Crazy Trip to Chicago

Yesterday morning (March 6, 2010) I hopped in the pickup at 7am on my way Chicago.  This is a trip that I do several times a year, so I’m familiar with about every exit, gas station and fast food joint on the 306 mile journey between Winona, MN and Chicago, IL.

I was traveling alone this time.  About 75 miles into the trip I stopped at mile marker 48 along Wisconsin I-90.  Hardees had breakfast biscuits and I decided to take one with the white frosting and try their blueberry biscuit as well.  I decided to eat the biscuits in the truck.  Eating the first biscuit proved no problem but the blueberry variety proved challenging.  After biting a corner out of the biscuit, the blueberry goop (complete with actual blueberries) started running out of the side.  I tipped the toasty disk up on its side to stop the drainage, while at the same time trying to eat as much of the biscuit as I could.  Once I had to jettison what was left of the biscuit into the box while I wiped my hands with a napkin.  Finally the blueberry biscuit was entirely consumed and all I had was a sticky hand and a gooey steering wheel; nothing that couldn’t be handled at the next gas stop in Janesville.  I hate to admit this, but I spent a few seconds marveling at my biscuit-handling prowess; this had been as difficult and potentially messy of a biscuit as I had ever eaten!

A few minutes later, as I passed Cascade Mountain Road on I-90, I saw flashing lights behind me from an unmarked Wisconsin State Patrol car.  You always hope they’re looking for someone else, but this time it was my turn.  Out of the cruiser walked a young and fit Wisconsin State Patrolman who for sure hadn’t been eating Hardees biscuits!   Trooper Thiede informed me that I was driving 75 in a 65 mph zone.  I told him that I traveled this route several times a year and had never been pulled over at 75 mph.  “Not until today, you haven’t” he said.  We discussed the violation for a few minutes.  He let me off with a warning, for which I was very grateful.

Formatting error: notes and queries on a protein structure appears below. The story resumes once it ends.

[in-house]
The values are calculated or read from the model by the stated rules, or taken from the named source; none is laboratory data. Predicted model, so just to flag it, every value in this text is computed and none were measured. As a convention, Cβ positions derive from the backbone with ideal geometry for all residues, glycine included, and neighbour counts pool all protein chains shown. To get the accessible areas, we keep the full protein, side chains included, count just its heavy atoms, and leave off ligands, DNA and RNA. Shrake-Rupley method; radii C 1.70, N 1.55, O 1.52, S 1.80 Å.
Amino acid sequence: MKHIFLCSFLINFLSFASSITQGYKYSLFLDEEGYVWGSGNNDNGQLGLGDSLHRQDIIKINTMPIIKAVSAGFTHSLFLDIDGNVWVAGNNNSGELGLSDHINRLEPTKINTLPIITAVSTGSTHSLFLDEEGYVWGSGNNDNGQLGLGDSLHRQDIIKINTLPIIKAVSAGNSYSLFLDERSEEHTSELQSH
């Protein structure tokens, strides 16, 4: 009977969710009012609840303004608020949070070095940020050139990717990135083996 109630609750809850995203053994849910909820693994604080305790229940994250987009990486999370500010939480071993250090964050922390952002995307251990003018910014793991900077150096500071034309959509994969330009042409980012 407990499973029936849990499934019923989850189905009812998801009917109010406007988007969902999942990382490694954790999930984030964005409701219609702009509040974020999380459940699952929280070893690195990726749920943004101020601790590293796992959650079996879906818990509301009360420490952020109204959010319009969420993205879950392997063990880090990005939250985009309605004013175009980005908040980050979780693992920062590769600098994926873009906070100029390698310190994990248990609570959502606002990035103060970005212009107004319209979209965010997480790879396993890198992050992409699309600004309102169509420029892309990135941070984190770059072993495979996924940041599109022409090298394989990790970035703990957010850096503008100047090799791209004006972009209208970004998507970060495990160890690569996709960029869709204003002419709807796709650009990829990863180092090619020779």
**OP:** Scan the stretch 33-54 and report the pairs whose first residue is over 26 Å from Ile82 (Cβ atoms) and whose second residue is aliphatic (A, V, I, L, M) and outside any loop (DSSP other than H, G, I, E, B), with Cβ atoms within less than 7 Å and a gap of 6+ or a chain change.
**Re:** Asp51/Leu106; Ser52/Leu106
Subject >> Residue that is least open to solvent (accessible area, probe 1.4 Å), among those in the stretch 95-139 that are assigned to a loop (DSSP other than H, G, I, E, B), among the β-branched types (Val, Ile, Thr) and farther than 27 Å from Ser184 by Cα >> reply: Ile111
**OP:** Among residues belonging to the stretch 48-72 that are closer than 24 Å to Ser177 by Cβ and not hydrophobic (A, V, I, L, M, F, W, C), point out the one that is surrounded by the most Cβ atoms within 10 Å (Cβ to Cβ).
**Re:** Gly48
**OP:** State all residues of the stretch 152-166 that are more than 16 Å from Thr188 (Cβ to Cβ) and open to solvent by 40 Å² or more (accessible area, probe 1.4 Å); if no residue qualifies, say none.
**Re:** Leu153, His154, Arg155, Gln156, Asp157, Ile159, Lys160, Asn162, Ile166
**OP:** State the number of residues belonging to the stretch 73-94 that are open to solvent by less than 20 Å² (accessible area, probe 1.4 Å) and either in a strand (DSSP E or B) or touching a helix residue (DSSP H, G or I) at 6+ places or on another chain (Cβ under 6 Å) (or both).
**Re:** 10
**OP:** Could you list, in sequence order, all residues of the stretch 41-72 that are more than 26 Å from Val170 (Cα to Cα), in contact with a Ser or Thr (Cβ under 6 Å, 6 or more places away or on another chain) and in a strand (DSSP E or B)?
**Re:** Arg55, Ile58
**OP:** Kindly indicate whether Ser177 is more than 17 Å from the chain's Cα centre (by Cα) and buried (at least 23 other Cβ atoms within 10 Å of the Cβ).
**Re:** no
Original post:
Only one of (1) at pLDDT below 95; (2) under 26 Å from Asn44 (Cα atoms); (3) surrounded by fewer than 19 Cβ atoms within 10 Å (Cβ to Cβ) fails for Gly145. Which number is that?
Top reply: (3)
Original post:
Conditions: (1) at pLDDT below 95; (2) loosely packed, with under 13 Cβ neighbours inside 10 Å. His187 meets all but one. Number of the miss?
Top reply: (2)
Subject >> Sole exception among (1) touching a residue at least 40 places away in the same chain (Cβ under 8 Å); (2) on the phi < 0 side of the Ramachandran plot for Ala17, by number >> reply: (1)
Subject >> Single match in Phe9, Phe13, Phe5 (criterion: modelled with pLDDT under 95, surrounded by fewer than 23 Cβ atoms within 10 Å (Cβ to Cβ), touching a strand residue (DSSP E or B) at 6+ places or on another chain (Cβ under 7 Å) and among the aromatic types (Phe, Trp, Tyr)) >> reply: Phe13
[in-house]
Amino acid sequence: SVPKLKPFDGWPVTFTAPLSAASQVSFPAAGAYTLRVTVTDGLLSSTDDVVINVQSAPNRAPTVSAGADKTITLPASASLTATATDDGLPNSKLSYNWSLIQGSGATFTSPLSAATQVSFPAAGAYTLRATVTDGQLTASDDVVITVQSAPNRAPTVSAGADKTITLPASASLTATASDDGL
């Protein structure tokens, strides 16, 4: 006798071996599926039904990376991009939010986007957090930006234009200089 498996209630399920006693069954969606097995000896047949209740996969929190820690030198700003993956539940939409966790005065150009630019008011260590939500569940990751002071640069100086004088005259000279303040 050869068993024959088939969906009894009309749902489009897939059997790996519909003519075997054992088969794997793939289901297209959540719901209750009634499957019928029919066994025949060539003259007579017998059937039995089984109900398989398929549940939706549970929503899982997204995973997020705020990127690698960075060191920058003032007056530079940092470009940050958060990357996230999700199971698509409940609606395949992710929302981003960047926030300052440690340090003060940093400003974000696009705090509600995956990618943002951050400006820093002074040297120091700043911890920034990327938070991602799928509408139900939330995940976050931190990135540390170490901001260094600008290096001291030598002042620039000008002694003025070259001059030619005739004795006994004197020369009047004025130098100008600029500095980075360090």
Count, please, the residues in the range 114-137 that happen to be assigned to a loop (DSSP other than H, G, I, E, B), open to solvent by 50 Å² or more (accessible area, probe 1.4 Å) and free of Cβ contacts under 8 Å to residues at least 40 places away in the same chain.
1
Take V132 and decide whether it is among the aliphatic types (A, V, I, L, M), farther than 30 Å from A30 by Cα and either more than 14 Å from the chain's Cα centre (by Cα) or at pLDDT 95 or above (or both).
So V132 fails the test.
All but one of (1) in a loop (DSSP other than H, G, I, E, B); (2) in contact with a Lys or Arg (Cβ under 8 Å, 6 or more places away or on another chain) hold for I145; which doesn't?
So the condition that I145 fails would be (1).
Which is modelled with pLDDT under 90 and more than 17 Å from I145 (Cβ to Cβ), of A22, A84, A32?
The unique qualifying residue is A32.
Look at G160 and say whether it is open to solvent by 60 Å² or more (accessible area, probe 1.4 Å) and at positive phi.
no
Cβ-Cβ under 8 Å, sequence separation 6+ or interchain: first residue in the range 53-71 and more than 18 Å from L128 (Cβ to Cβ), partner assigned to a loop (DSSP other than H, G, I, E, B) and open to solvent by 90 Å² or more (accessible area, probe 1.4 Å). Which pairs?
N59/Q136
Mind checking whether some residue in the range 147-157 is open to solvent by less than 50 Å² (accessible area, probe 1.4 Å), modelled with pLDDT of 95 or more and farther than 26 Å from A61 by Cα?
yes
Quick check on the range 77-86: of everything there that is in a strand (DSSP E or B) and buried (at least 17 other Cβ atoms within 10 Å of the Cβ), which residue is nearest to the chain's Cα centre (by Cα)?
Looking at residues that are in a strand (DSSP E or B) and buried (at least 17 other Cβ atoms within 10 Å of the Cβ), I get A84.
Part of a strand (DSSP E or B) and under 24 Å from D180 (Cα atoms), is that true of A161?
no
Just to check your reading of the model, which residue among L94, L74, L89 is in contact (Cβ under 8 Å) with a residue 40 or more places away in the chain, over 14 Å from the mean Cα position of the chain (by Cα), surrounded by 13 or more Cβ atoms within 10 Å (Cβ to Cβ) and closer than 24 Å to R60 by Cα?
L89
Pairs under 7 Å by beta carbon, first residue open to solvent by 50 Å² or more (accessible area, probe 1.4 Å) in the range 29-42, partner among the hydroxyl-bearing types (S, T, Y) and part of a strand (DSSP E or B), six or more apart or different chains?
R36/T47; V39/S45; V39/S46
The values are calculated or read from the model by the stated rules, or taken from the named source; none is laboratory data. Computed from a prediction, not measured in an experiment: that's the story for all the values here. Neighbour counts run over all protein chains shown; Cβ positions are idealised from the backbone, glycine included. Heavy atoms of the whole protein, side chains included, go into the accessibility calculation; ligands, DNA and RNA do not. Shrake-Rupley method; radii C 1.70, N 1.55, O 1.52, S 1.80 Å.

For the few minutes we talked, Officer Thiede was very respectful and friendly; the State of Wisconsin should be proud of this man; he’s a good hire (and not just because he gave me a warning).  As we spoke, Officer Thiede gave me a broad, kind of sympathetic, smile.  I was thinking, hey…the guy really likes me!

About a half hour later I happened to look straight down at my hooded sweatshirt.  There was what seemed like a thousand tons of blueberry goop all over the seatbelt and sweatshirt.  It was crammed into the sweatshirt zipper and on both sides of the seatbelt.  To Officer Thiede I must have looked like the king of slobs; like a kid that had just eaten his first birthday cake.

Thanks, Officer Thiede, for being so kind, so professional, and so understanding.  It’s a good thing that being a slob isn’t against the law or you would have had no choice but to put me in jail, slam the door, and lock me up for a month!

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